Ross Clark r.clark at AUCKLAND.AC.NZ
Wed Jan 7 11:06:37 UTC 2009

I don't know the Tolai material, and I believe the manuscript sources of this dictionary are rather complex. But going by his other work, it would not be surprising to find Lanyon-Orgill introducing unnecessary and indeed even quite arbitrary distinctions. I'm quite sure he did this in his monograph on Luangiua, which is based entirely on Hogbin's published vocabulary. Lanyon-Orgill's frequent references to original fieldwork have yet to be verified.

Ross Clark
From: an-lang-bounces at [an-lang-bounces at] On Behalf Of John Ulrich Wolff [juw1 at]
Sent: Wednesday, 7 January 2009 5:27 a.m.
To: an-lang at
Subject: [An-lang] Tolai

Dear All,
I have been using Peter Lanyon-Orgill's
dictionary of Raluana (=Tolai, Kuanua, Tuna) and
find that he distinguishes four different
qualities of /a/ by various diacritical marks: a
long /a/, a short /a/ with a short-vowel mark
over it, an /ä/ and an unmarked /a/. On the other
hand the SIL Tolai language course  by Franklin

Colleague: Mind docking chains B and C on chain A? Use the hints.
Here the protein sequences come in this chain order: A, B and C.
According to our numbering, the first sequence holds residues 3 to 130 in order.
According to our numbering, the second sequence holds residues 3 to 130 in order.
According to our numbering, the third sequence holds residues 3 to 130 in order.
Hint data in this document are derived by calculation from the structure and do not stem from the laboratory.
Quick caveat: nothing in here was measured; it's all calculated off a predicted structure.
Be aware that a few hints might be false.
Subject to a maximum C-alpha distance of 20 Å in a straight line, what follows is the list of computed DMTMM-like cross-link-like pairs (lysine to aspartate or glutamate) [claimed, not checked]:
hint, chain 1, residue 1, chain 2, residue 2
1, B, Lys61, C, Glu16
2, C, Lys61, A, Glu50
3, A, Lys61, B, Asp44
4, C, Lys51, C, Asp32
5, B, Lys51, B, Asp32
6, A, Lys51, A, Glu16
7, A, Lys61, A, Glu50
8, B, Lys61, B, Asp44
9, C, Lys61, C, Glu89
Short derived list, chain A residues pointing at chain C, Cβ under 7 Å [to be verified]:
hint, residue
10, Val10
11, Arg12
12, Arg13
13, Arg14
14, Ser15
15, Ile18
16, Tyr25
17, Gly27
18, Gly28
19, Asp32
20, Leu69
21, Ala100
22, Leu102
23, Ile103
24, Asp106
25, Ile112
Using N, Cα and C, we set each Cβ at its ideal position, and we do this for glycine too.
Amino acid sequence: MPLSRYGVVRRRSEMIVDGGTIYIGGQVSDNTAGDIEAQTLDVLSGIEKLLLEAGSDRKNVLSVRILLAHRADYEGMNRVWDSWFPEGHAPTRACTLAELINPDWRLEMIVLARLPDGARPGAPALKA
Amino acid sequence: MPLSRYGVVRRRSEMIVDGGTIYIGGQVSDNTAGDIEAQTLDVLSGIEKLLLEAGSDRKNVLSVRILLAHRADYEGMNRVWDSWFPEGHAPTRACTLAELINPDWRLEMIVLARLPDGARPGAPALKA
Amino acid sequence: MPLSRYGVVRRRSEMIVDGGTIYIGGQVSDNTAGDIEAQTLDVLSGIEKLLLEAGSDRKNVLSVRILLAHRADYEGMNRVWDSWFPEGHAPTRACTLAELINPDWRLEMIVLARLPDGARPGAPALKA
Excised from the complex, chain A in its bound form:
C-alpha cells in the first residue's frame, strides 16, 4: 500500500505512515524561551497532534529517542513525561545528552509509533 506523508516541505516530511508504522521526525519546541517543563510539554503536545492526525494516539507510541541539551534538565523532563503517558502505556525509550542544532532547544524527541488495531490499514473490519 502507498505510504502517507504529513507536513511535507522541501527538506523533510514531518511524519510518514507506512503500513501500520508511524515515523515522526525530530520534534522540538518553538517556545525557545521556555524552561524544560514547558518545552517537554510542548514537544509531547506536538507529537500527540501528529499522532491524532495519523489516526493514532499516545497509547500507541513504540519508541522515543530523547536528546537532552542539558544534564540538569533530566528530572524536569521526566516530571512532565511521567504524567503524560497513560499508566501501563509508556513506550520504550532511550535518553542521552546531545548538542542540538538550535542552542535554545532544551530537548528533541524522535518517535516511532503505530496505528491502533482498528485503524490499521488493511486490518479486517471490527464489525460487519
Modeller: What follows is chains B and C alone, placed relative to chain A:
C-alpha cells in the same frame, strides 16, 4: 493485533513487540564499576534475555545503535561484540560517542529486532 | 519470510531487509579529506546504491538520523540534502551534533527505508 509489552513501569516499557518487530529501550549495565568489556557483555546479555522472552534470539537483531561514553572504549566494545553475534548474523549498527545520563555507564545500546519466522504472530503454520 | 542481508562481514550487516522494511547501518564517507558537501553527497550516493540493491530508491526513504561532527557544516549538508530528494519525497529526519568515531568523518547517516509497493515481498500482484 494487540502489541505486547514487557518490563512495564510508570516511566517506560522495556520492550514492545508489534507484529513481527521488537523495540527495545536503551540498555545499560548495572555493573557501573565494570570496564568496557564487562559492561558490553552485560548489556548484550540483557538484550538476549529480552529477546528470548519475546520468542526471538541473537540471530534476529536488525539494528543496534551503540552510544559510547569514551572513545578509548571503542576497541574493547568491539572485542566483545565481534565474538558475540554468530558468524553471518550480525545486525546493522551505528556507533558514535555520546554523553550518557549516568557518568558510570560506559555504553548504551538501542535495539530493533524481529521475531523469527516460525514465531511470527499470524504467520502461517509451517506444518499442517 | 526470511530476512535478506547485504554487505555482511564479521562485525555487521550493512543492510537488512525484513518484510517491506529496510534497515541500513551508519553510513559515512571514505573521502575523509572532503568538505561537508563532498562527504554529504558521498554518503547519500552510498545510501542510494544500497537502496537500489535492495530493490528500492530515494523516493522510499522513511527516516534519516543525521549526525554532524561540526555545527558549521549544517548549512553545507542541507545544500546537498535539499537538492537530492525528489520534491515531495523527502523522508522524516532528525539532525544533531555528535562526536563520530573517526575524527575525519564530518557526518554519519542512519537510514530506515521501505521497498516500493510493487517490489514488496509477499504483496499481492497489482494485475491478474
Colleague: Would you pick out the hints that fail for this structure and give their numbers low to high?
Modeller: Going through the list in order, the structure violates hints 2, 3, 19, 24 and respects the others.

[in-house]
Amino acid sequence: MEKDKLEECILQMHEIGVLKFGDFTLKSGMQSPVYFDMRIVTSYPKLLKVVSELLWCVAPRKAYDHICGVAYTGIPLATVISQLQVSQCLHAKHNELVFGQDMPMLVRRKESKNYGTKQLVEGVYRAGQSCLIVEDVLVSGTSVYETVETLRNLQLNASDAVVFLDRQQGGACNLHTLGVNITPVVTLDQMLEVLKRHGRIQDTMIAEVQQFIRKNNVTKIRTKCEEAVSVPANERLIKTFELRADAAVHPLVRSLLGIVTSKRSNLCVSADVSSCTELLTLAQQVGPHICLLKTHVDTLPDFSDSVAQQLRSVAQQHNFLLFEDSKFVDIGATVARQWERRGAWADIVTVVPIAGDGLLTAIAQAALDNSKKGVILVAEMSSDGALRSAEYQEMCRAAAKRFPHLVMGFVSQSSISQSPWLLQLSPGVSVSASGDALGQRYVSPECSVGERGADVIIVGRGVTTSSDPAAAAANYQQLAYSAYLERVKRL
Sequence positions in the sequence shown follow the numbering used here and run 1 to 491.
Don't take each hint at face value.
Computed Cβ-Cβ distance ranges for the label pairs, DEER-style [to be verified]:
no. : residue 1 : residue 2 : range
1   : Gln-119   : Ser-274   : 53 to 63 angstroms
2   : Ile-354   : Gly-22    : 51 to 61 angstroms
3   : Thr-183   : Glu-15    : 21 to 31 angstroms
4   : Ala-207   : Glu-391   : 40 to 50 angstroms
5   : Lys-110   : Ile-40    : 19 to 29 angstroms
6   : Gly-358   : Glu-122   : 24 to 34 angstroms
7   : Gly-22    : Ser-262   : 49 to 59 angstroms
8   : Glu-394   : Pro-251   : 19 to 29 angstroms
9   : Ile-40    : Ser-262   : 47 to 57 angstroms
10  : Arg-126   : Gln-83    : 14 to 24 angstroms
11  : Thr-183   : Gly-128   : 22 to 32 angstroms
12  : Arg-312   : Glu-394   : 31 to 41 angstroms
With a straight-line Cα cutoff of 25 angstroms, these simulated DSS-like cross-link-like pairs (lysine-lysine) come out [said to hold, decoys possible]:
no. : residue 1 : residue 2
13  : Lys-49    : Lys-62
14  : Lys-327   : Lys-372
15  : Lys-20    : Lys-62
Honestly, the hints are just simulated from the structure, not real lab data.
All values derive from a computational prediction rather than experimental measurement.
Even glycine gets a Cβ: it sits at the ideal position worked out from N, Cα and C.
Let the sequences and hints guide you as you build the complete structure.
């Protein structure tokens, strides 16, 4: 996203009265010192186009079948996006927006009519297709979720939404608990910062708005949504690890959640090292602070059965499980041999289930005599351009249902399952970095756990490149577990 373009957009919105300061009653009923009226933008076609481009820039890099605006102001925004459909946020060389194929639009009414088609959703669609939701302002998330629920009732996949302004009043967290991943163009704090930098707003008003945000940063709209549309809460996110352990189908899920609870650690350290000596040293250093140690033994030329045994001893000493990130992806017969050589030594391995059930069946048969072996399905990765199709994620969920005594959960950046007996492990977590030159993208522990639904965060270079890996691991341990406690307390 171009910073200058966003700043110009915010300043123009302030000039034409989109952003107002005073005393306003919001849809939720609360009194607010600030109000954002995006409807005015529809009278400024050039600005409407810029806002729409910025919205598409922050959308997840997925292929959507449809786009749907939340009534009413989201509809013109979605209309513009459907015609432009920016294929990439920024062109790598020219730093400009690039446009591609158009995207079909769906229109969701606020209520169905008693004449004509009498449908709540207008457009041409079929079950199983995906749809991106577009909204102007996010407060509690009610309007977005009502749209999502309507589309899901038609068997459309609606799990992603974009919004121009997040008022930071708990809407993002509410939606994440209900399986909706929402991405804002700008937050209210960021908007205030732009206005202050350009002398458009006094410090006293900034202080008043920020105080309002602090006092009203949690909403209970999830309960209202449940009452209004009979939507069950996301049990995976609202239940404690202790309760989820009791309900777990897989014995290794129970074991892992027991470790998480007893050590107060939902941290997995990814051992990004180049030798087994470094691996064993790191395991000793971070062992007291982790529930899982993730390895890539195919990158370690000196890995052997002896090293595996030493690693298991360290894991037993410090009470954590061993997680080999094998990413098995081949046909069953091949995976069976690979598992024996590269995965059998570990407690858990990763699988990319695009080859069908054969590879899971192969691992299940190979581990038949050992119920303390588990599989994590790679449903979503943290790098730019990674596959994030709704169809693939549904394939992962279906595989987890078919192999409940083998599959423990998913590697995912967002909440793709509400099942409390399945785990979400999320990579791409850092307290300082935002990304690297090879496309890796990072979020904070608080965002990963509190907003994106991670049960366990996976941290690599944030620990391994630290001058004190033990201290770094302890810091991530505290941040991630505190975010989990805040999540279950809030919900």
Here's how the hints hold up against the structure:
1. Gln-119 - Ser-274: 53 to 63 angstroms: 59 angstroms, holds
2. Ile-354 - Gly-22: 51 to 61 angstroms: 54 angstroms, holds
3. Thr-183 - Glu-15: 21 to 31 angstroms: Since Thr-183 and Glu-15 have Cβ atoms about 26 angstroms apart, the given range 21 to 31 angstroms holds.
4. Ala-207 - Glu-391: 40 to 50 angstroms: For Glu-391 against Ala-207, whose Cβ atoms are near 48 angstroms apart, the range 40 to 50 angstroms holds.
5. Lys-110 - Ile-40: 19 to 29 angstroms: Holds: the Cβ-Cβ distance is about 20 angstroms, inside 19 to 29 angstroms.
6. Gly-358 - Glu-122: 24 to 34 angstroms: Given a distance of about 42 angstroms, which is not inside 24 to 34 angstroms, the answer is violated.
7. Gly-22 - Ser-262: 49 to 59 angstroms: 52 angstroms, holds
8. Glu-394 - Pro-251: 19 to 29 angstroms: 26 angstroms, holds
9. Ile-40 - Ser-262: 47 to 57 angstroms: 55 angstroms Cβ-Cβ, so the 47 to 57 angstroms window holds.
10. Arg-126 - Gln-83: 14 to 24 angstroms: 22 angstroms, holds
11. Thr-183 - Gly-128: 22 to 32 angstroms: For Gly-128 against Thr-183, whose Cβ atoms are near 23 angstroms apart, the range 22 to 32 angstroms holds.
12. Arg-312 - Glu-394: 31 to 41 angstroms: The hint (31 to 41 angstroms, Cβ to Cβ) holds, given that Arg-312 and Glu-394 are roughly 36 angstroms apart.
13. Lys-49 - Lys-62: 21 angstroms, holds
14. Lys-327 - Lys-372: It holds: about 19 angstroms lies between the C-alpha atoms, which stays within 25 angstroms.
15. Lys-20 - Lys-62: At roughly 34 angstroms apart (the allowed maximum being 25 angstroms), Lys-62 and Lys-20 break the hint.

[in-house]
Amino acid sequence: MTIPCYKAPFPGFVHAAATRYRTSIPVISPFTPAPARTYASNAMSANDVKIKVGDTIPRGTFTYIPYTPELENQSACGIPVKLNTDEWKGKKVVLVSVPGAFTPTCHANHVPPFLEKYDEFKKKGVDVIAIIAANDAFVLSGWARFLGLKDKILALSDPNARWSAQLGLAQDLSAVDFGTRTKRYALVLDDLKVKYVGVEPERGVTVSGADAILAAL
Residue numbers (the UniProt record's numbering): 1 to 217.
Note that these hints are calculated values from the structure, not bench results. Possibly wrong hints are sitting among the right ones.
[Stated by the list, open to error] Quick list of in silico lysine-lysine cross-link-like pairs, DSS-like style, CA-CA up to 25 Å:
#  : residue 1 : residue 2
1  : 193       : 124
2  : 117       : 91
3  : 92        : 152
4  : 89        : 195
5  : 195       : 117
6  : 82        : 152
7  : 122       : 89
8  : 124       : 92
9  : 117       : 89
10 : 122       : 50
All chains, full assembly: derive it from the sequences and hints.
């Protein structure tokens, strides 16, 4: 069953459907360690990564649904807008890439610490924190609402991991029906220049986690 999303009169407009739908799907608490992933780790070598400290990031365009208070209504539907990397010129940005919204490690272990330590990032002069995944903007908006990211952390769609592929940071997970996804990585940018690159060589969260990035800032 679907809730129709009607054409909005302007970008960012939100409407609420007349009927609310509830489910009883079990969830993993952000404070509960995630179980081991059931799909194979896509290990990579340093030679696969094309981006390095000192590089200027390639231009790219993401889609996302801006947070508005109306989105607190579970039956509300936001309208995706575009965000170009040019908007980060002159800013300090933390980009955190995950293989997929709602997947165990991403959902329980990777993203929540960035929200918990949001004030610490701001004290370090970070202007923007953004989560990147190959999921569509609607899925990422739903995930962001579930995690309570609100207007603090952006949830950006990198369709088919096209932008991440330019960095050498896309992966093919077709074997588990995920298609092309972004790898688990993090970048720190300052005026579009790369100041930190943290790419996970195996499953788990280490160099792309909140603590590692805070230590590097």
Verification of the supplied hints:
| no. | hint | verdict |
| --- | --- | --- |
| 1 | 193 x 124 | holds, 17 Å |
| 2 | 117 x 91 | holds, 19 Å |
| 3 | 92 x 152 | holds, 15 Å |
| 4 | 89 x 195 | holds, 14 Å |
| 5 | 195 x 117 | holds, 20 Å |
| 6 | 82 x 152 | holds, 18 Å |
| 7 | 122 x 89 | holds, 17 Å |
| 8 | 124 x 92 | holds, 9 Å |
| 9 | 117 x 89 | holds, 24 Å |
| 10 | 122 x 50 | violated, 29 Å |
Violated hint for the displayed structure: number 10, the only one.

and Kerr writes only one /a/.
Lanyon Orgill is consistent in his transcription
of the diacritics over /a/ -- that is, for words
with /a/ that are listed in various different
places in the dictionary, he consistently gives
the same diacritical marking.
Does anyone know how to interpret these facts: is
it that the dialect described in the lessons has
merged several different phonemes, or has L-O
over differentiated and standardized the
spellings to create consistency.
I would be grateful for an explanation.
Further, Lanyon-0rgill distinguishes /w/ and /v/
whereas the Tolai lessons give only one phoneme
/v/. Again, I would appreciate a definitive
explanation, although in this case, based on what
L-O says in his introduction and the numerous
doublets ,I tentatively conclude that L-O has
In any case, to anyone who can inform me or lead
me to a source for the answer I would be grateful.
John Wolff

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